In the hospital, every second counts, and every decision made in those seconds may result to someone’s respite, or immediate demise.
It takes mental fortitude and acuity to provide lifesaving, critical care. In a matter of moments, a misdiagnosis, or treatment done in haste and uncertainty can cost one more than “simple learning”.
It’s easy to say that the best way to learn is through experience, but it should not come with a cost, especially when it interferes with a patient’s safety and well-being. Not only that, even the fear among students to cause undue stress or harm greatly affect one’s ability to learn.
This is especially detrimental in basic, yet essential procedures wherein it is only mastered through repetitive experience and training. Even in highly specialized fields like, anesthesiology and critical care, it is only through experience where you can develop the level of fastidiousness in noticing miniscule changes throughout an operation or stay of a critical care patient.
Dr. Larry King has been long aware of what Thomasian medical education is, for even before graduating as part of Class ’90, he was a medical technology graduate from UST. This had certainly given him an edge in medical school as it was not to be his first time stepping into the hospital. Some procedures his classmates were just trying to learn, he was already capable and licensed to do. Although, even with his prior knowledge and experience, there was still a gap he experienced as a clerk.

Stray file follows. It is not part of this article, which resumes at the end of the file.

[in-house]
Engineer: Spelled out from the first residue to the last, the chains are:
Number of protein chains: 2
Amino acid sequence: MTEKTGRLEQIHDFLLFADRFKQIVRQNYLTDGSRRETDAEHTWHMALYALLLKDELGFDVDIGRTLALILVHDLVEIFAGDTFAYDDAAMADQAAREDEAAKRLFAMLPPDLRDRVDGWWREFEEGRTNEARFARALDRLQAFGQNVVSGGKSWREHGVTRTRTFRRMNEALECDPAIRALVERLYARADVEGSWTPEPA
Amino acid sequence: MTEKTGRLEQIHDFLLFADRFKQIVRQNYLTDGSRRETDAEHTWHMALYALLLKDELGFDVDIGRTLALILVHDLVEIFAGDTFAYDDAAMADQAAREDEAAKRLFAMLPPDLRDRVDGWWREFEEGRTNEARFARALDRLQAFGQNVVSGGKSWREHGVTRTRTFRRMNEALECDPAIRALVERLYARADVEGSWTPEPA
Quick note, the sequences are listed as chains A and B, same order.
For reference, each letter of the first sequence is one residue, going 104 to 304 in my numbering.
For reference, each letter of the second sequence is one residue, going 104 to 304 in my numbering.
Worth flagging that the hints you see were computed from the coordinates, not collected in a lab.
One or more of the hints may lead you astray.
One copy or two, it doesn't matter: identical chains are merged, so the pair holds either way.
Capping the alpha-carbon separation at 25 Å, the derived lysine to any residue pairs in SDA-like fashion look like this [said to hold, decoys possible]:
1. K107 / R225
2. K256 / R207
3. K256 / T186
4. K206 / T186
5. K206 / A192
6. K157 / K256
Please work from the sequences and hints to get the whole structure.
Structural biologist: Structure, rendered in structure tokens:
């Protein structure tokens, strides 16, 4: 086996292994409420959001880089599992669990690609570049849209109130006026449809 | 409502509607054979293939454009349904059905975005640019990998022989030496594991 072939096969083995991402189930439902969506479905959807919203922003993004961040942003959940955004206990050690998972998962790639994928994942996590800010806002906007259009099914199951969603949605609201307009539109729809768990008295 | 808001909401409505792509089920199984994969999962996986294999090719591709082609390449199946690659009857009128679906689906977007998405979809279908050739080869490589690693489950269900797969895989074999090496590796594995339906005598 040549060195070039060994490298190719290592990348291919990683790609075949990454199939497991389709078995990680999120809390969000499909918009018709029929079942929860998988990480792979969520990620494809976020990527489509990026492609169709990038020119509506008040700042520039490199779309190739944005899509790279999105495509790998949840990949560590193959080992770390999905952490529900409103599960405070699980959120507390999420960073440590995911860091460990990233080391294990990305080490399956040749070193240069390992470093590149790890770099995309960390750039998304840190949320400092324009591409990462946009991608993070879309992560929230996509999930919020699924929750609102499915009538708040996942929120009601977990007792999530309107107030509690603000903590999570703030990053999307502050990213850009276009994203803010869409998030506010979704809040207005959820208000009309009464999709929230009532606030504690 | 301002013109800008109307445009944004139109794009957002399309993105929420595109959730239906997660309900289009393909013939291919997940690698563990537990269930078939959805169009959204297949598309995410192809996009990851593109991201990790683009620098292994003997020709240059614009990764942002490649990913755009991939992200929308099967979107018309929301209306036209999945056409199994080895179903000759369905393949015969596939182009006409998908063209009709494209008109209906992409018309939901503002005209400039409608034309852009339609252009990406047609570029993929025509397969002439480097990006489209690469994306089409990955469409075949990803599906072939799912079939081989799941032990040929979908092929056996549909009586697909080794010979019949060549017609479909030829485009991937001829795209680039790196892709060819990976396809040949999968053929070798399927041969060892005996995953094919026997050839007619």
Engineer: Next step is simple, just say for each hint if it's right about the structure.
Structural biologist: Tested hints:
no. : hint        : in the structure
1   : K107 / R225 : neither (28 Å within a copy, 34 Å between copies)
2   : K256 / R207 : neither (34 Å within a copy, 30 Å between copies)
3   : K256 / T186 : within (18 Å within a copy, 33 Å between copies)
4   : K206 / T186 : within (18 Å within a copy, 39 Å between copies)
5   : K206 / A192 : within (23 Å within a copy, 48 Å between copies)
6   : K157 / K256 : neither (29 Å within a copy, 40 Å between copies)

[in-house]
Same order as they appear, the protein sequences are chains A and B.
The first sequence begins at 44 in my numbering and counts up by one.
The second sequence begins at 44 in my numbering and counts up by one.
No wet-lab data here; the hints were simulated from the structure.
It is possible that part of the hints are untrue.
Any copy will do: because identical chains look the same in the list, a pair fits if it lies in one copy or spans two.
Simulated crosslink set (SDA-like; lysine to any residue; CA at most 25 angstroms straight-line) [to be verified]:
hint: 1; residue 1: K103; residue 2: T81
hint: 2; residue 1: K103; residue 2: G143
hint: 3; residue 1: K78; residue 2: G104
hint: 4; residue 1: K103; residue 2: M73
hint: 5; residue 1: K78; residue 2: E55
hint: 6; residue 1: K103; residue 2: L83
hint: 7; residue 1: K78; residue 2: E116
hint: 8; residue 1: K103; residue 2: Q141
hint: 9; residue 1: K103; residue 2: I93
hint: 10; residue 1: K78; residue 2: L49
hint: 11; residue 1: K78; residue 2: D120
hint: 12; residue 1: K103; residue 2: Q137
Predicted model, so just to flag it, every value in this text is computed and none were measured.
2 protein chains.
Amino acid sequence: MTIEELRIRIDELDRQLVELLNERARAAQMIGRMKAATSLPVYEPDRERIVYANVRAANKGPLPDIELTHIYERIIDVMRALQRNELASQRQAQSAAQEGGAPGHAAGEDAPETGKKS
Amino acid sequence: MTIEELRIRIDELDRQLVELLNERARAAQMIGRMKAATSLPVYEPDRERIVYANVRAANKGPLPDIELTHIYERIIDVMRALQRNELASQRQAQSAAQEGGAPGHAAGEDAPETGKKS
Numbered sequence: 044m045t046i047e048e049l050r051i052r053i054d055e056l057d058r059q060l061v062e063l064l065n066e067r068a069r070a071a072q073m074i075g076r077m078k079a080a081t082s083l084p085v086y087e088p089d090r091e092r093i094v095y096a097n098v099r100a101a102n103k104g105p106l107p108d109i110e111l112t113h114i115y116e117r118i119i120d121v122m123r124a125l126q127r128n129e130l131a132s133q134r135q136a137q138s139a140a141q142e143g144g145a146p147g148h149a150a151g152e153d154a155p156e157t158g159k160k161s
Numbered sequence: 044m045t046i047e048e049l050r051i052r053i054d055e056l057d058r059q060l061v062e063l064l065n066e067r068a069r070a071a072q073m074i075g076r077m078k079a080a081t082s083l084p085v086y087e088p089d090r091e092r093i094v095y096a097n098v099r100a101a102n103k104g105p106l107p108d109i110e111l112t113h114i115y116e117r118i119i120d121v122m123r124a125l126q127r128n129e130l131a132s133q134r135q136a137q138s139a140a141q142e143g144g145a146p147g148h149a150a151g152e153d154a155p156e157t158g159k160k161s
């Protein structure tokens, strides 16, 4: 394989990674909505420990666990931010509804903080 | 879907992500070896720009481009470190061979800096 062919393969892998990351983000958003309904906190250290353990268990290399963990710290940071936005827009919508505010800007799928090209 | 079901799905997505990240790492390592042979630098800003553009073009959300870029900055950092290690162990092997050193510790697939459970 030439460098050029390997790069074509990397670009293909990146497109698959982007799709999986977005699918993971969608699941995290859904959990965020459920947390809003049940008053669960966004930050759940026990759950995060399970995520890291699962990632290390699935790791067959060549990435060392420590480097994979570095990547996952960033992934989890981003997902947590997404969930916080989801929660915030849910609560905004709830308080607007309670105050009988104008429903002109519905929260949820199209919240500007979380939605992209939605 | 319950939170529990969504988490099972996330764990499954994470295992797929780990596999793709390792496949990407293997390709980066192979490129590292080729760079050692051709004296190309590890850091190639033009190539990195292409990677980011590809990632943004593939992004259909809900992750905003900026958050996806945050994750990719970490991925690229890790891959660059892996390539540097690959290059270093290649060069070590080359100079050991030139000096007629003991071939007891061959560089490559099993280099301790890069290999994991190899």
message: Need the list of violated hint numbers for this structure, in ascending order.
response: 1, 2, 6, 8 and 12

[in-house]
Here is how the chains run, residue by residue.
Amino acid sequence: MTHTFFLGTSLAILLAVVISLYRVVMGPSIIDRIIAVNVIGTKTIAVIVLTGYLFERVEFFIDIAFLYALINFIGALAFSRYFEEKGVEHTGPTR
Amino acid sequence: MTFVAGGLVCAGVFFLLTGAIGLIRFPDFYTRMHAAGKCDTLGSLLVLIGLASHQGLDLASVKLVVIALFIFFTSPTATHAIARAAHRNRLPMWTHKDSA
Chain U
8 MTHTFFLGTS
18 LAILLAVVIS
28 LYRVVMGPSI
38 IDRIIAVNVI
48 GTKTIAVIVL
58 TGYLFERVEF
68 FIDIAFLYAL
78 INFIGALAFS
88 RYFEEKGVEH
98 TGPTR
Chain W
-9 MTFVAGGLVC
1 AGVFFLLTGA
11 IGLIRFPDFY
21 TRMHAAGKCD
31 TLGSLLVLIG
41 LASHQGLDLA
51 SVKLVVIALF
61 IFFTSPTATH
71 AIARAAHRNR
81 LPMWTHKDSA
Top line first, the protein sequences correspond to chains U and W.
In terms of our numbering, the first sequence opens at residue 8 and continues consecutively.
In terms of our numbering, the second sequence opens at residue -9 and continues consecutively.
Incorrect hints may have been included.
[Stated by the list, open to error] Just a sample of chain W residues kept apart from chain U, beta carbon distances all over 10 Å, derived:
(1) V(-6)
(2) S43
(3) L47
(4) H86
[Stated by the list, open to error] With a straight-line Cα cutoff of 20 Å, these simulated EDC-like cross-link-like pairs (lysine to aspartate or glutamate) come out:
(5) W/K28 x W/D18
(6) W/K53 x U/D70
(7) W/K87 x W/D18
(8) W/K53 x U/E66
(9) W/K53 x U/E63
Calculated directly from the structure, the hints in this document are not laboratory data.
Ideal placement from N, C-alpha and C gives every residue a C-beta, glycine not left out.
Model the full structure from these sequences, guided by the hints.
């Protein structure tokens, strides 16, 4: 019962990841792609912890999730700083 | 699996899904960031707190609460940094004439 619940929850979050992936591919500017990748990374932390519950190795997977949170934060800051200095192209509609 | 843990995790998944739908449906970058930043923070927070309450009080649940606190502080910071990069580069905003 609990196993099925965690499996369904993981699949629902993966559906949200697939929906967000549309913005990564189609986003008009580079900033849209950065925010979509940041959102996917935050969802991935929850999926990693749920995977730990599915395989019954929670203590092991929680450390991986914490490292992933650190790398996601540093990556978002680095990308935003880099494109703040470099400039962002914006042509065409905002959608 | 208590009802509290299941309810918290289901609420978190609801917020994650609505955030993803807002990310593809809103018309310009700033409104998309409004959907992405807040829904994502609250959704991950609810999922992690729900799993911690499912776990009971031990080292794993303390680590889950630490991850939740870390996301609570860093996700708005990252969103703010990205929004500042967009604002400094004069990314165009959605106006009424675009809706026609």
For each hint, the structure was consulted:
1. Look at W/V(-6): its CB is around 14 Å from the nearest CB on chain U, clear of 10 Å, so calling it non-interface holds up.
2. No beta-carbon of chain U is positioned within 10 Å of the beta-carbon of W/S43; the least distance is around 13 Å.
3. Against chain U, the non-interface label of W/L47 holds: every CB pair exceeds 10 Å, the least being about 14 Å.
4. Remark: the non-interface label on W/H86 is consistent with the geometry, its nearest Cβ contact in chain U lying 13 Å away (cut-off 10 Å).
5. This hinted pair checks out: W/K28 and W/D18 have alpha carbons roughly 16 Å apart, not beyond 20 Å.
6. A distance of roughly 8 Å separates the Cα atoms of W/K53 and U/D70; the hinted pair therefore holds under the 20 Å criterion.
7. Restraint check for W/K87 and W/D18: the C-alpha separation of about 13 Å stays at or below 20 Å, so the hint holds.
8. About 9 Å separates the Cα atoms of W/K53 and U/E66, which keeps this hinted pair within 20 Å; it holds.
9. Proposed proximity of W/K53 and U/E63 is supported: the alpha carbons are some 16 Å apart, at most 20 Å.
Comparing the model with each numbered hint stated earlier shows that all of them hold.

So how can we bridge theoretical learning and clinical skills?
Dr. King, a sought-after anesthesiologist and critical care medicine practitioner, still remembers the time he and his groupmate first stepped in the hospital as clerks in their newly minted clerk uniforms, confidently armed with three years’ worth of theories and concepts. However, this confidence soon waivered when his groupmate was asked to “exchange position, back-to-back”, she simply just stared (in terror) while assisting one of the top obstetricians in the country. The whole class broke into laughter when she was reaching for the retractor while pushing her back against the OB. Dr. King still remembers how his groupmate felt like the most stupid clerk then.
“This would not have happened if we already had the simulation laboratory back then”, Dr. King remarked.
Dr. Larry King is well-respected in the field of critical care, his practice of anesthesiology does not simply confine him in the operating room. A loyal Thomasian doctor, he took up his internship and residency in UST Hospital. Soon after his fellowship in Surgical Intensive Care at Singapore General Hospital, Dr. King held key positions in several hospitals and organizations. He is currently part of the Board of Examiners in the Philippine Board of Anesthesiology. Dr. King has also spearheaded several new programs in UST-FMS, which includes the establishment of the Learning-Enhanced Accelerated Program for Medicine (LeapMed). A program that is focused on basic human sciences than any existing premedical courses and highly competitive as it allows students at a little over two years to be formally admitted to the Doctor of Medicine program.